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Google Launches PopTub On YouTube

October 15, 2008

Internet search leader Google Inc. quietly launched a new video series on its YouTube site September 8 entitled “Poptub”.  The online videos were a collaborative effort between Google and Embassy Row, the production company run by Pepsi and Michael Davies, creator of “Who Wants To Be A Millionaire”.

The work is yet another trial in content distribution for Google, and even more ambitious than its recently launched original animation from “Family Guy” creator Seth MacFarlane, which became a big YouTube hit. As with “Cartoon Cavalcade of Comedy”, Google plans to distribute “Poptub” on its Google Content Network (GCN), an ad supported network that reaches hundreds of thousands of Web sites beyond YouTube.

But while “Cavalcade” was a collection of 50 short episodes, “Poptub” will server more as an “Entertainment Tonight” for YouTube viewers, and will include thousands of episodes.

“For Seth, it’s about launching episodes on a weekly basis,” Alexandra Levy, director of branded entertainment at Google. Told Reuters.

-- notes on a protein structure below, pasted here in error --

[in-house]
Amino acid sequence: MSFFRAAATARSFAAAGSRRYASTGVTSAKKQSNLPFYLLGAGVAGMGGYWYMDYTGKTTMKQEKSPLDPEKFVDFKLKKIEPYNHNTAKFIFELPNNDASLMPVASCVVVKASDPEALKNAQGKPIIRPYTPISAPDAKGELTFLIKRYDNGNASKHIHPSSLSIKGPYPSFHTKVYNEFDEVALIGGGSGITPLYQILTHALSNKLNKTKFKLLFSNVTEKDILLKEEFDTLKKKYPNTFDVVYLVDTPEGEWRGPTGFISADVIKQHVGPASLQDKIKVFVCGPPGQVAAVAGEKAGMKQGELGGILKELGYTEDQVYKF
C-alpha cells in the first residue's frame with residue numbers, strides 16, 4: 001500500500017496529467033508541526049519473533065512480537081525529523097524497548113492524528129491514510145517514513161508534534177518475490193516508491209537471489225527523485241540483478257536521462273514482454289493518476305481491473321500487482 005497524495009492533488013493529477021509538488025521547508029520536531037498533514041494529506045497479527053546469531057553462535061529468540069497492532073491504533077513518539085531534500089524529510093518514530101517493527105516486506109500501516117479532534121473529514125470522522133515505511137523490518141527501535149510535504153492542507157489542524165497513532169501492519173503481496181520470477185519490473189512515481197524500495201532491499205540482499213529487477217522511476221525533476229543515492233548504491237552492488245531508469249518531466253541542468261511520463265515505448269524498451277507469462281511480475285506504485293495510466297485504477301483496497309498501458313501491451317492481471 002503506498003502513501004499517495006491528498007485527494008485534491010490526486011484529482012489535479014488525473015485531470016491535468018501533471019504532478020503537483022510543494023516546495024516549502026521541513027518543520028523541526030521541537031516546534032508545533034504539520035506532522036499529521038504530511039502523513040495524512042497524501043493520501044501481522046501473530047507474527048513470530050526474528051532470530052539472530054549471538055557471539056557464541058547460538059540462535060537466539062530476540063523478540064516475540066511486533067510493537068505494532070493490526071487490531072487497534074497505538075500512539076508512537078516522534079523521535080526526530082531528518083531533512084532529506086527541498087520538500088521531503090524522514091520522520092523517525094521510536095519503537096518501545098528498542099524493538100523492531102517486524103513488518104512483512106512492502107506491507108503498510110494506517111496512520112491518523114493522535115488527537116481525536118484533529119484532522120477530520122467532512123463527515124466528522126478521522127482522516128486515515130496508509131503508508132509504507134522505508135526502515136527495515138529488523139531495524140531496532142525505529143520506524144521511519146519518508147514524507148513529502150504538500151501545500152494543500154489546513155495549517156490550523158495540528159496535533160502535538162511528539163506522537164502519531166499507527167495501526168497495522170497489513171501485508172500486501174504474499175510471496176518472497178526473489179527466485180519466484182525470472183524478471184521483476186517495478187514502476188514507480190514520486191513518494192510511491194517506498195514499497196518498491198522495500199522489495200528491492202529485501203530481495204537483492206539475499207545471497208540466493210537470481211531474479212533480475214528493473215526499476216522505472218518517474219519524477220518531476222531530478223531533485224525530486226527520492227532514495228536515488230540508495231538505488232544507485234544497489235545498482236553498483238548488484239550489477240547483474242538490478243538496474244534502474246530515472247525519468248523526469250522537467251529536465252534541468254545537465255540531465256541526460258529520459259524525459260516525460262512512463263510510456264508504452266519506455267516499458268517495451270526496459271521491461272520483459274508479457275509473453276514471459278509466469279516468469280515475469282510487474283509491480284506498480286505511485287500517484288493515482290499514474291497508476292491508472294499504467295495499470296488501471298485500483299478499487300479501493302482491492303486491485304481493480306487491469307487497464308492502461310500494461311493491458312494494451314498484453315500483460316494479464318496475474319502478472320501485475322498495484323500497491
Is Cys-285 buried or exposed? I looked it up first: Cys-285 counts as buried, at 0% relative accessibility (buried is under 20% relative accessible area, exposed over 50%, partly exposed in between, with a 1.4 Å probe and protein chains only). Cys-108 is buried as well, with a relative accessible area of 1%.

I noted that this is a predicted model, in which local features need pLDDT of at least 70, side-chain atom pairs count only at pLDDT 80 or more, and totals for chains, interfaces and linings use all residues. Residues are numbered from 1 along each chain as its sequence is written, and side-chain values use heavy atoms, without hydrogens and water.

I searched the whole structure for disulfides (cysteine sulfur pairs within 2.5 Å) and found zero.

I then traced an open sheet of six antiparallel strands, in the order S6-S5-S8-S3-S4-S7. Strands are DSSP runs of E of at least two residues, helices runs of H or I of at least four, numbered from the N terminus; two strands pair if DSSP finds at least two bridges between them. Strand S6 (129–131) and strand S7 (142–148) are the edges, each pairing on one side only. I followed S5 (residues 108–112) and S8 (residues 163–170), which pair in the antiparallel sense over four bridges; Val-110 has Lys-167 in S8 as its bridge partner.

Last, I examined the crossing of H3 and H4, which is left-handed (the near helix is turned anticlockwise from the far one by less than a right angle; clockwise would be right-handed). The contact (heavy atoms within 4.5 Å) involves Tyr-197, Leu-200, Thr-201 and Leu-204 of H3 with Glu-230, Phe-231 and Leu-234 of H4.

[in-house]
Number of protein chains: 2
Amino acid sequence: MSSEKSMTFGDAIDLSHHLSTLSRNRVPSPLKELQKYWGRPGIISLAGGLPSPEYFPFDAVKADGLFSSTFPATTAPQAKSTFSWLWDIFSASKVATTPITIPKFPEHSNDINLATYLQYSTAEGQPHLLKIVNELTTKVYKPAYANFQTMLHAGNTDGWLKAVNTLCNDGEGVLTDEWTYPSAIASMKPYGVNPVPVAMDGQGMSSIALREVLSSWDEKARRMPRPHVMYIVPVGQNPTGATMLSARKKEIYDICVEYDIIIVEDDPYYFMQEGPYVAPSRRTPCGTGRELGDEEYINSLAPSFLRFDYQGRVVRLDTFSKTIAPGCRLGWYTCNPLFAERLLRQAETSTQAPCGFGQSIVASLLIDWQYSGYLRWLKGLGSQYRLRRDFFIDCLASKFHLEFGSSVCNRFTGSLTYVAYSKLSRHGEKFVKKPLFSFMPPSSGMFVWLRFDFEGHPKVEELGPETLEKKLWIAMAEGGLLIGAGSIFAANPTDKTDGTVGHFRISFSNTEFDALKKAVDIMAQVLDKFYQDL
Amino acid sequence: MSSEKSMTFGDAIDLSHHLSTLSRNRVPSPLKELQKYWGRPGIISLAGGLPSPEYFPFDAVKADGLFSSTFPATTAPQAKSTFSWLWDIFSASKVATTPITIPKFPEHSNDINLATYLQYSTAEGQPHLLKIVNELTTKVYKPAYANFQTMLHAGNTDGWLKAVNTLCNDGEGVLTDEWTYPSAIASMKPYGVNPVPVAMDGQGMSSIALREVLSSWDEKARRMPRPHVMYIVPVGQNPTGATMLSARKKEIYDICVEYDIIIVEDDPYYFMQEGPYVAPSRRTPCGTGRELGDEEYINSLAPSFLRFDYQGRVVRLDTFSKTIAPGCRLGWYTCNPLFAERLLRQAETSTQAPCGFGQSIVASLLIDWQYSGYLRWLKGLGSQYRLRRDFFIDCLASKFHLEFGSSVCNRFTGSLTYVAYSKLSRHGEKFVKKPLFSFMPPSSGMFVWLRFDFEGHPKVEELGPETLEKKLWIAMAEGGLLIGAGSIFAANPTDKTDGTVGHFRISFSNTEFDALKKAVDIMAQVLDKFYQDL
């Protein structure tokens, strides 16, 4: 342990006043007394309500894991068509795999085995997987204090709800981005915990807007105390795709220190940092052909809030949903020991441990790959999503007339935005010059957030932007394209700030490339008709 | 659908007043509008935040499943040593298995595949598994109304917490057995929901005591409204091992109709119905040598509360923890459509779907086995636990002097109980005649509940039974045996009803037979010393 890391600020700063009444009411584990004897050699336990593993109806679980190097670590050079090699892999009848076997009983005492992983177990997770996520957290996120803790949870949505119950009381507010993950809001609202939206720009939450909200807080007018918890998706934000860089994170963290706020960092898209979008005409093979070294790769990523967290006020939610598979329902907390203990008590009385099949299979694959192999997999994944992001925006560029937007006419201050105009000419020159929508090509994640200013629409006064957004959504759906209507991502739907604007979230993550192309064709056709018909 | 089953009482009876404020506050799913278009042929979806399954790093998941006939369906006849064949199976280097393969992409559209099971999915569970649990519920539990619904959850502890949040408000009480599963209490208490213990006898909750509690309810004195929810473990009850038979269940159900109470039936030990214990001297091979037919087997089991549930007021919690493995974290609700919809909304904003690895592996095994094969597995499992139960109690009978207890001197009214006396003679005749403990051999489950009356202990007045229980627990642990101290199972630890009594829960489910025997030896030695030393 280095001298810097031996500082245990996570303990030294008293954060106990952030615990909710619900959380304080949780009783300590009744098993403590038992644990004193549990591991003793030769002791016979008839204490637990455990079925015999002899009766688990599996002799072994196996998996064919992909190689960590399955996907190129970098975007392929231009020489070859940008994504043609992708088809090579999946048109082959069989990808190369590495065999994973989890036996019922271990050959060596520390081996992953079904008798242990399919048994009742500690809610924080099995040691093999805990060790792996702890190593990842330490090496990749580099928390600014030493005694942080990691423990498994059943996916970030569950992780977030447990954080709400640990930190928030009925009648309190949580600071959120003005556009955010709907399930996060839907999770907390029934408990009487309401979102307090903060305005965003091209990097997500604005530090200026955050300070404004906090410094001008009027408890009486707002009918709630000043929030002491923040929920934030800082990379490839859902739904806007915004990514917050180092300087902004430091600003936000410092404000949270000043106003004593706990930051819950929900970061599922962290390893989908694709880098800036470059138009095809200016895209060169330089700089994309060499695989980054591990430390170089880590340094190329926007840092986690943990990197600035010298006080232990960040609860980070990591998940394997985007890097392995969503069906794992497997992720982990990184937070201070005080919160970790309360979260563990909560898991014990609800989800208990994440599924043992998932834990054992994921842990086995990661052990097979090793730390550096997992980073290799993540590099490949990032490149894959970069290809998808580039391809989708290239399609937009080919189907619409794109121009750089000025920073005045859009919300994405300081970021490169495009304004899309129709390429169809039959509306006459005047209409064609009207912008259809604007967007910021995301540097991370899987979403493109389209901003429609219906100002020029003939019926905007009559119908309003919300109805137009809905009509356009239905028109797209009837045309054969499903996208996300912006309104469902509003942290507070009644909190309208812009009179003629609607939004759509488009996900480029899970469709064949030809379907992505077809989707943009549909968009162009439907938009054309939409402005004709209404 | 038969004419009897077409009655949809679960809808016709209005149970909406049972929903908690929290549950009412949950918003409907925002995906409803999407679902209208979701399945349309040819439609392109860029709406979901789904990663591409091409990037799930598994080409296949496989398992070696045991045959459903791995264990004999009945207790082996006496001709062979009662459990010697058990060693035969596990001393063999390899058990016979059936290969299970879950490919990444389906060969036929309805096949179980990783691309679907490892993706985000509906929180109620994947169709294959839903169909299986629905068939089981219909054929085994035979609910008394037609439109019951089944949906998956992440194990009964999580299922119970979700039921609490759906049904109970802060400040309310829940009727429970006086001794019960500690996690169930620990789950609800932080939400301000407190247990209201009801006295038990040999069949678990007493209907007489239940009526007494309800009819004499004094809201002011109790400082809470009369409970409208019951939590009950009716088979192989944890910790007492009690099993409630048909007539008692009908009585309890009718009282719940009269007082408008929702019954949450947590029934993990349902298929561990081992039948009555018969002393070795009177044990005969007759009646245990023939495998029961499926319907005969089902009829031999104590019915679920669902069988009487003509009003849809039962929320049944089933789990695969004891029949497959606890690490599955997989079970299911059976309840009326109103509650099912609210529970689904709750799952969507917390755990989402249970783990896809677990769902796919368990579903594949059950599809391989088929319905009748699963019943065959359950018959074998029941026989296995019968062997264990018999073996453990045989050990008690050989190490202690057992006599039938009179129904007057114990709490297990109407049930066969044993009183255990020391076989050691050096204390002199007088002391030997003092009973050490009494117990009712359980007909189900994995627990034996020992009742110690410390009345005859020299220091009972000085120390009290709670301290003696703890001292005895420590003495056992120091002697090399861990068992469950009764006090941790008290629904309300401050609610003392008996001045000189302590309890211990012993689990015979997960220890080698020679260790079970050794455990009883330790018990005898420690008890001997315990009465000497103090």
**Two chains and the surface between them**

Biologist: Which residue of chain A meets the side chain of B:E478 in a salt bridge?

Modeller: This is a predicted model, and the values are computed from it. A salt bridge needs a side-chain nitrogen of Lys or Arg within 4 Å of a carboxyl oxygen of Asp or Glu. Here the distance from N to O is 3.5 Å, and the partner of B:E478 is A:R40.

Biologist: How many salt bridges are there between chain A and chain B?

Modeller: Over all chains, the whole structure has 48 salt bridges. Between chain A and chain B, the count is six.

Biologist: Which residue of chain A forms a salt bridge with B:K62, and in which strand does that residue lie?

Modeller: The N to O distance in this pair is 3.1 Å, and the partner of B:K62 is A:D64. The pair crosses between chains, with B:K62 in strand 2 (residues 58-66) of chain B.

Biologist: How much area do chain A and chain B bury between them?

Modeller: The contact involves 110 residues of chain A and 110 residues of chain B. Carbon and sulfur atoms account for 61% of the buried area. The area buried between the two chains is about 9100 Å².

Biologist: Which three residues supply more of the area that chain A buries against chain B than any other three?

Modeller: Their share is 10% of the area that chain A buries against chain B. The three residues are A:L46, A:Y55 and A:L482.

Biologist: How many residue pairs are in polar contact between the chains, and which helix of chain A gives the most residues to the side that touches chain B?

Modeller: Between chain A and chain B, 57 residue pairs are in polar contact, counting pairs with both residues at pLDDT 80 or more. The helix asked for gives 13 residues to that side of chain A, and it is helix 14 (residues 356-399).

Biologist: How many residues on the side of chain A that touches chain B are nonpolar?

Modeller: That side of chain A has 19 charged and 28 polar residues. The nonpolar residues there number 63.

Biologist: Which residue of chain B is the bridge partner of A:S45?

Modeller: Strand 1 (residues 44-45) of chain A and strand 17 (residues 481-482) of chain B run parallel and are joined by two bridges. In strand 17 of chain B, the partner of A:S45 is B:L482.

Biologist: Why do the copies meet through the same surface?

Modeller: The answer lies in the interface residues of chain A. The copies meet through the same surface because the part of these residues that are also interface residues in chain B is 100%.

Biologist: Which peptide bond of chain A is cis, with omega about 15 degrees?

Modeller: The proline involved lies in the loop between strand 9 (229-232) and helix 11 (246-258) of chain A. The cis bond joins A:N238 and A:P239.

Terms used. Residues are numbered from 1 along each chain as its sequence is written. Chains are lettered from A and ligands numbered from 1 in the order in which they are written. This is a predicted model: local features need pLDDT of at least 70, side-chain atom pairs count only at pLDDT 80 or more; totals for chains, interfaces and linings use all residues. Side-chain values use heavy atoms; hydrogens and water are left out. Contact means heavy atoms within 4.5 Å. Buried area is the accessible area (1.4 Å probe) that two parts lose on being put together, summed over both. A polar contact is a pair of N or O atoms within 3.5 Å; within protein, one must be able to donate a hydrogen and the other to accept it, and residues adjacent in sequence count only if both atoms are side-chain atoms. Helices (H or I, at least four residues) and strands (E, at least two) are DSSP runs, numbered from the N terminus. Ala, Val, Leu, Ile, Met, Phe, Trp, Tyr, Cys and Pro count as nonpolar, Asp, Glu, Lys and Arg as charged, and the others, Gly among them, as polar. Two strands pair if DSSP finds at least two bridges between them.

“With ‘Poptub,’ we’re creating an organic destination on YouTube meant to live there for a longer period,” she said.

Both “Poptub” and “Cavalcade” utilize Google’s branded entertainment program, which allows content providers to use advertisers to finance programming, which then gets distributed over a “hub and spoke” model.   In this case, the hub is a YouTube channel, while the spokes are in GCN’s vast selection of Web publishers that can be targeted demographically.

GCN embeds the video on these Web pages in applications called Google Gadgets, which allow viewers who trial an episode to link back to the “hub” channel to sample additional programming and sponsors’ marketing messages.

Combining GCN and YouTube provides guaranteed reach, which addresses a major concern advertisers have about paying for online content.  “Poptub” alone promises to deliver 3 billion impressions by the end of the year.

Beyond pleasing advertisers, Google’s branded entertainment program could also attract additional programmers to go online by offering monetizable distribution with the scale of film or TV while offering the ownership retention of intellectual property.

“It allows a content creator like Seth MacFarlane to do what he does best and forgo the traditional network model, connect with an audience of similar size and turn a profit,” George Strompolos, YouTube’s manager of content partnerships, told Reuters.

However, despite strong sampling for “Cavalcade”, Google is not about to load up on new content additions.  Instead, the company is being selective about admitting partners to its branded entertainment program.  Initial trials with GCN, including a 2006 experiment with MTV Networks, did not do as well as “Cavalcade”.